Minister of Supply in 1940 in the Paul Reynaud government, he participates as a senator in the Vichy congress on July 10, 1940. He abstained from voting on the granting of full constituent powers to Philippe Pétain and retired to Neuvic, where he founded a charcoal business, intended to fuel gas generators.
On July 16, 1941, he was dismissed from his position as mayor of Neuvic by the Vichy regime. During his clandestine stay in Neuvic in December 1942, Claude Hettier de Boislambert informed him that General Charles de Gaulle attached great importance to his rallying.
After a first unsuccessful exfiltration attempt, in April 1943 he managed to reach London aboard an RAF Lysander aircraft.
A few days after his arrival, he launched an appeal to the BBC for the Resistancedestined to the peasants of France. In November 1943, Queuille was appointed State Commissioner of the French Committee for National Liberation. He also assumed the vice-presidency.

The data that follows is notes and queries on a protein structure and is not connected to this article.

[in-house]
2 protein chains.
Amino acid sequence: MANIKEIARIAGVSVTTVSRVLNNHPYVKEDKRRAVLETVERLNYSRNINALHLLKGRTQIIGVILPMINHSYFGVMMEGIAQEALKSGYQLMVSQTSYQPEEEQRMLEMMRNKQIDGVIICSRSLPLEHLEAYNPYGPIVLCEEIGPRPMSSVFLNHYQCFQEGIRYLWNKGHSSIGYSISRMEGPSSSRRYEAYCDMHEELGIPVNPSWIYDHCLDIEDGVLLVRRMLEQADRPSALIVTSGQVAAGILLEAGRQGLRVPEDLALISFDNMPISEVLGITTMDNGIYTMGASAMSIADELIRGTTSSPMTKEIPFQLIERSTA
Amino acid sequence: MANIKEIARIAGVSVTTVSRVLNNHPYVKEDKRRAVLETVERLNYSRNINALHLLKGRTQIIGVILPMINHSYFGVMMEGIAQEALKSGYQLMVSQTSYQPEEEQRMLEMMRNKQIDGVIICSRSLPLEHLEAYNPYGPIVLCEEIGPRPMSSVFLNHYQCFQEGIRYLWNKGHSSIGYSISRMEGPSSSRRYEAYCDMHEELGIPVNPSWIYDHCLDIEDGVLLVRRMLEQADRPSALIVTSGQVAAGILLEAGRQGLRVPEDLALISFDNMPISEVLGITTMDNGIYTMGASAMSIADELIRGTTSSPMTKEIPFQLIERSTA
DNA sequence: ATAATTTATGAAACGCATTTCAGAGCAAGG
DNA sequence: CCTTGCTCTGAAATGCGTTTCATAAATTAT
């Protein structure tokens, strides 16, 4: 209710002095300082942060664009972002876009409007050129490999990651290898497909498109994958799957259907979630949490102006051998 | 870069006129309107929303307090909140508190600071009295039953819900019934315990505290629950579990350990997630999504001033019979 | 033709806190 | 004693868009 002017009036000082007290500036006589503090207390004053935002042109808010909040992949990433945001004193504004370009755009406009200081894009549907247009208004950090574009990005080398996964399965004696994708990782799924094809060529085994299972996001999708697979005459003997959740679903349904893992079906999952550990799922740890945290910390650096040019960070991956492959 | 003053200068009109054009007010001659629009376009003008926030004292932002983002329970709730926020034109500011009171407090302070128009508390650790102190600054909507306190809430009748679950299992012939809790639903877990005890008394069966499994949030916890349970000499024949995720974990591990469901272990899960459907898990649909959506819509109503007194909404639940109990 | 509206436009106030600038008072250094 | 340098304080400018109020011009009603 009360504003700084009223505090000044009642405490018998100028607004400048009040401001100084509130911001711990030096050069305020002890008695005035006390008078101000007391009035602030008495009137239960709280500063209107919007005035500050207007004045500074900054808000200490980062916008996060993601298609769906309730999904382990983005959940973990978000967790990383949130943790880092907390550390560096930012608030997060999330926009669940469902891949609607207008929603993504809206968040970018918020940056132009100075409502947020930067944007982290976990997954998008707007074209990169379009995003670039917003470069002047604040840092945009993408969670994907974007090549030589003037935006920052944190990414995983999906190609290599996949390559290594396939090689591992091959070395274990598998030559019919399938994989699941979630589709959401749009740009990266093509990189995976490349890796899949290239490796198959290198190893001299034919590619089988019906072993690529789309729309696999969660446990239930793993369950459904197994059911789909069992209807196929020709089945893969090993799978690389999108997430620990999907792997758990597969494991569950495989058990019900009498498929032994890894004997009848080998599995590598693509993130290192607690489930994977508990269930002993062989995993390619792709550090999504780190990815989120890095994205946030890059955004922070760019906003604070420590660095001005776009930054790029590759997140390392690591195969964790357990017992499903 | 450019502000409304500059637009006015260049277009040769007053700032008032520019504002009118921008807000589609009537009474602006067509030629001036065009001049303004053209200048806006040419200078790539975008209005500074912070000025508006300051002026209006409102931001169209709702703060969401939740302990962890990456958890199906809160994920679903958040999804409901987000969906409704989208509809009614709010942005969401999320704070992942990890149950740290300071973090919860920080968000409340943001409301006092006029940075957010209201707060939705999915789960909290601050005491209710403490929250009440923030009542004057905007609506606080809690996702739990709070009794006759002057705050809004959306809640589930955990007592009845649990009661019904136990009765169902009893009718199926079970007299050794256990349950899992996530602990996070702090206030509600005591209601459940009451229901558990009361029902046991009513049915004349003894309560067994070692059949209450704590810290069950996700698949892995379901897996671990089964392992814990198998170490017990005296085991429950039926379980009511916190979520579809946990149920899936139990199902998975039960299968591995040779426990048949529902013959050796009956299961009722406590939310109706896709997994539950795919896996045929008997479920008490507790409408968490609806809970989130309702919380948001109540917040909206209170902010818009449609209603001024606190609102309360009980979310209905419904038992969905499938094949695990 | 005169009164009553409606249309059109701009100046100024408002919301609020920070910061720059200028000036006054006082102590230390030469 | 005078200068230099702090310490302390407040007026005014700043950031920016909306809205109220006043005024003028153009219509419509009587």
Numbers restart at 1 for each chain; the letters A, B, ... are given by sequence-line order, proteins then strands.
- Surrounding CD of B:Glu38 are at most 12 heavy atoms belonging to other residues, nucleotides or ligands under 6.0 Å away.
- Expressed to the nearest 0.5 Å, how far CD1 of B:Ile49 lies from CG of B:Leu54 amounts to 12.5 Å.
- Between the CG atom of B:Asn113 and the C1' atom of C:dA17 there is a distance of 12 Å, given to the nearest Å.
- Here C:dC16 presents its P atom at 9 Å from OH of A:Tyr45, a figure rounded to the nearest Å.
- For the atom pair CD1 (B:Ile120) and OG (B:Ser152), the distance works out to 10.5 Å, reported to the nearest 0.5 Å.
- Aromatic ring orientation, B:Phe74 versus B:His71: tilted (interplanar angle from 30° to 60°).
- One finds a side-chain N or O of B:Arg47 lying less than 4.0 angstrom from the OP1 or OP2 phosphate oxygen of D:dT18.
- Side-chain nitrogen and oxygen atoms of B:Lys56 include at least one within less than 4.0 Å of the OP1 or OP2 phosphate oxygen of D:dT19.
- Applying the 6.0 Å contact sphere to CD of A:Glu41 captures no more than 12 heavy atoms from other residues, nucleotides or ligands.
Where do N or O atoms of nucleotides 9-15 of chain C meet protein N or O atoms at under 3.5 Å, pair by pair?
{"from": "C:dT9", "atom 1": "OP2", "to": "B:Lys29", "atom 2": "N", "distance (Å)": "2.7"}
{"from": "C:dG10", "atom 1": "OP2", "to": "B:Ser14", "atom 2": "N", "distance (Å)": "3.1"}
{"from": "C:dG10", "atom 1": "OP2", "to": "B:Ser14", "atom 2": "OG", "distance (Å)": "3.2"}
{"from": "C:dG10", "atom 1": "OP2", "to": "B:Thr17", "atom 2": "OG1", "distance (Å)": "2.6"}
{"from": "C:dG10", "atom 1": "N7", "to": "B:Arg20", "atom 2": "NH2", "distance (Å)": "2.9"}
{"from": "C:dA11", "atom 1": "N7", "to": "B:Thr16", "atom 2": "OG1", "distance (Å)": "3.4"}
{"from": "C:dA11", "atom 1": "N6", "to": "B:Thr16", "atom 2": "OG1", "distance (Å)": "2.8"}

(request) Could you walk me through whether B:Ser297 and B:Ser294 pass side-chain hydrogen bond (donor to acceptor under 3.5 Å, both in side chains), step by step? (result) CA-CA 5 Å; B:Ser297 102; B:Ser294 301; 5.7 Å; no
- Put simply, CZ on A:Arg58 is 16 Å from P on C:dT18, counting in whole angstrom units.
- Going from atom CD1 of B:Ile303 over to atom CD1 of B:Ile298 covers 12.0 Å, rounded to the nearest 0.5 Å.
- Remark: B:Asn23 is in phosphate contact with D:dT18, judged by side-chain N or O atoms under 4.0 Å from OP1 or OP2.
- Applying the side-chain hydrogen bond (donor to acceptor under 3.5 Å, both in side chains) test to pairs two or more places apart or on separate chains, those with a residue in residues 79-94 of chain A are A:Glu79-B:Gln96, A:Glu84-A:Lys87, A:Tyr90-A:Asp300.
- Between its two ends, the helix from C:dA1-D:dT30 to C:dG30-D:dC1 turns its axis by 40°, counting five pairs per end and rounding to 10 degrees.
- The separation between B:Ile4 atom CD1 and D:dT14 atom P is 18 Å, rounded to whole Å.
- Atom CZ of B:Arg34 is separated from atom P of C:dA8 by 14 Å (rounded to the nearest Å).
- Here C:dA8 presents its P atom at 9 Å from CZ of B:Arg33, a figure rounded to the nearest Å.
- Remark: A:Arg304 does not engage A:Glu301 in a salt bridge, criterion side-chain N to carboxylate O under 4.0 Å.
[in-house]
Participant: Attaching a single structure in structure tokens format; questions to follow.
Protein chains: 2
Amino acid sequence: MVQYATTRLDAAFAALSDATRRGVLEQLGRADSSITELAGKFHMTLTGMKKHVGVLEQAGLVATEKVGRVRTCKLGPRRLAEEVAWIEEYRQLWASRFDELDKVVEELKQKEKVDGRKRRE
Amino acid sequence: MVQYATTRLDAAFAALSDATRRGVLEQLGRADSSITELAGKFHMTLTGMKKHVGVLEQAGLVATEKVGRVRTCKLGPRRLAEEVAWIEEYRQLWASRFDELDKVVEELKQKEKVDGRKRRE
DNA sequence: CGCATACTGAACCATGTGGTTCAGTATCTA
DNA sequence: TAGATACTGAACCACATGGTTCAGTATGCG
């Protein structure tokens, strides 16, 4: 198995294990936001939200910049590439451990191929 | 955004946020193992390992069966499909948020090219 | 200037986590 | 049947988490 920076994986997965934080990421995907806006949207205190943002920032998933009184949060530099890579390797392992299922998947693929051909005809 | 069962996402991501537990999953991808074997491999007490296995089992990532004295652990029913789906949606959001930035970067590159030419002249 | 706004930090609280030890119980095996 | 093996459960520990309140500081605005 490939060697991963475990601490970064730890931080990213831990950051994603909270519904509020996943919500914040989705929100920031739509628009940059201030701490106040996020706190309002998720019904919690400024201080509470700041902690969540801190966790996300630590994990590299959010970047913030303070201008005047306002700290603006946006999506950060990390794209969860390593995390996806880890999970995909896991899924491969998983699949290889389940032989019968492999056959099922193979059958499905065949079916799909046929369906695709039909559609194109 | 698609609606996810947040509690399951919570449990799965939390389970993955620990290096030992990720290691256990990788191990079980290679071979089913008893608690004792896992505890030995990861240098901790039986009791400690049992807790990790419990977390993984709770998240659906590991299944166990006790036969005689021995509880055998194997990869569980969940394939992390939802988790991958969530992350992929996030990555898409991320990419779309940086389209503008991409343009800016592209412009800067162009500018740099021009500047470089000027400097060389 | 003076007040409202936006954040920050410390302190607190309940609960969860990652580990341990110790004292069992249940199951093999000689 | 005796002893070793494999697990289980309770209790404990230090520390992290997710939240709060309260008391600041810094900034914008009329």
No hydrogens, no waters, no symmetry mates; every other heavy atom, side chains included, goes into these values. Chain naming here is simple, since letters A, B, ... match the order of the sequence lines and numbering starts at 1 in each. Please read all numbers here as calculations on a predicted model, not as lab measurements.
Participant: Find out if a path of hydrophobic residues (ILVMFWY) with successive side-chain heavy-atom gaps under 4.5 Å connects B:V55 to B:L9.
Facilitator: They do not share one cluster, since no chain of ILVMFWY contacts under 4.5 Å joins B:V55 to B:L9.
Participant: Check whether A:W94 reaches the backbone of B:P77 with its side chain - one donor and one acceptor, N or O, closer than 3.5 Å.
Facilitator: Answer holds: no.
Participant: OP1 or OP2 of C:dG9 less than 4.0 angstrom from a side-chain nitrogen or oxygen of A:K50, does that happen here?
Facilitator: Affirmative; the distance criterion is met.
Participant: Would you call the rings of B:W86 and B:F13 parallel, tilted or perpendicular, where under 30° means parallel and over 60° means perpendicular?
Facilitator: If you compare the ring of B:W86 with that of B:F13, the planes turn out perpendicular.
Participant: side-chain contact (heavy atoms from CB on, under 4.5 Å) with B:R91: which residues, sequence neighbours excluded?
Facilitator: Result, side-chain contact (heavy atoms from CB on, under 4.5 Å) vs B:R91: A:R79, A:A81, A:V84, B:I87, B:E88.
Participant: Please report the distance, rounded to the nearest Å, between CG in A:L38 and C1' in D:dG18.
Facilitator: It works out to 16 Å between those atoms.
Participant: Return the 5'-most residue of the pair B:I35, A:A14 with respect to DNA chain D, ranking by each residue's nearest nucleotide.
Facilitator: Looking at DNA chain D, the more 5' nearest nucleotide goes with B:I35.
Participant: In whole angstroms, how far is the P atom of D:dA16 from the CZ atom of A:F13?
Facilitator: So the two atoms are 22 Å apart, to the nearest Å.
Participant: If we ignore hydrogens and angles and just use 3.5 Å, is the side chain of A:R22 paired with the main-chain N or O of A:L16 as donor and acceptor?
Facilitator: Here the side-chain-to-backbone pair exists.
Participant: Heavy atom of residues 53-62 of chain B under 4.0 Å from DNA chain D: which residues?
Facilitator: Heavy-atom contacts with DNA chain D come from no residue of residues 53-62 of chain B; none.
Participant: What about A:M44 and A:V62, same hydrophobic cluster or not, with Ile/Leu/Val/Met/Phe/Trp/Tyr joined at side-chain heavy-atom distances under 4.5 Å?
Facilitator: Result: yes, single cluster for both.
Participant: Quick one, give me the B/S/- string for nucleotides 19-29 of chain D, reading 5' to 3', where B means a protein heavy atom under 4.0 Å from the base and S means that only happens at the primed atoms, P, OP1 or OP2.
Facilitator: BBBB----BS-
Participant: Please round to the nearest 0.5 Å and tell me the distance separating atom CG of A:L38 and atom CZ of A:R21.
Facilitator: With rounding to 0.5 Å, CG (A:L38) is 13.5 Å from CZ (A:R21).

In June 1944, he became Minister of State in the first provisional government of the Republic and, in this capacity, acted as interim President during General de Gaulle's absences.
After the Liberation, he retired to Corrèze and refused to continue working alongside Charles de Gaulle, a sign of the rift between the two men. He was defeated in the 1945 legislative elections for the first and only time in his career, but returned as mayor of Neuvic.
Favorable to the re-establishment of republican institutions, Queuille devoted himself in the months following the Liberation to the recovery and reorganization of the Radical Party, sorely tested by the war and occupation. The Second World War confronted Queuille and Edmond Michelet with the same challenges, each in his own way. The two Corréziens would not return home until the end of the war, almost a year apart.
Contribution and photo credit Le Bourvellec Eric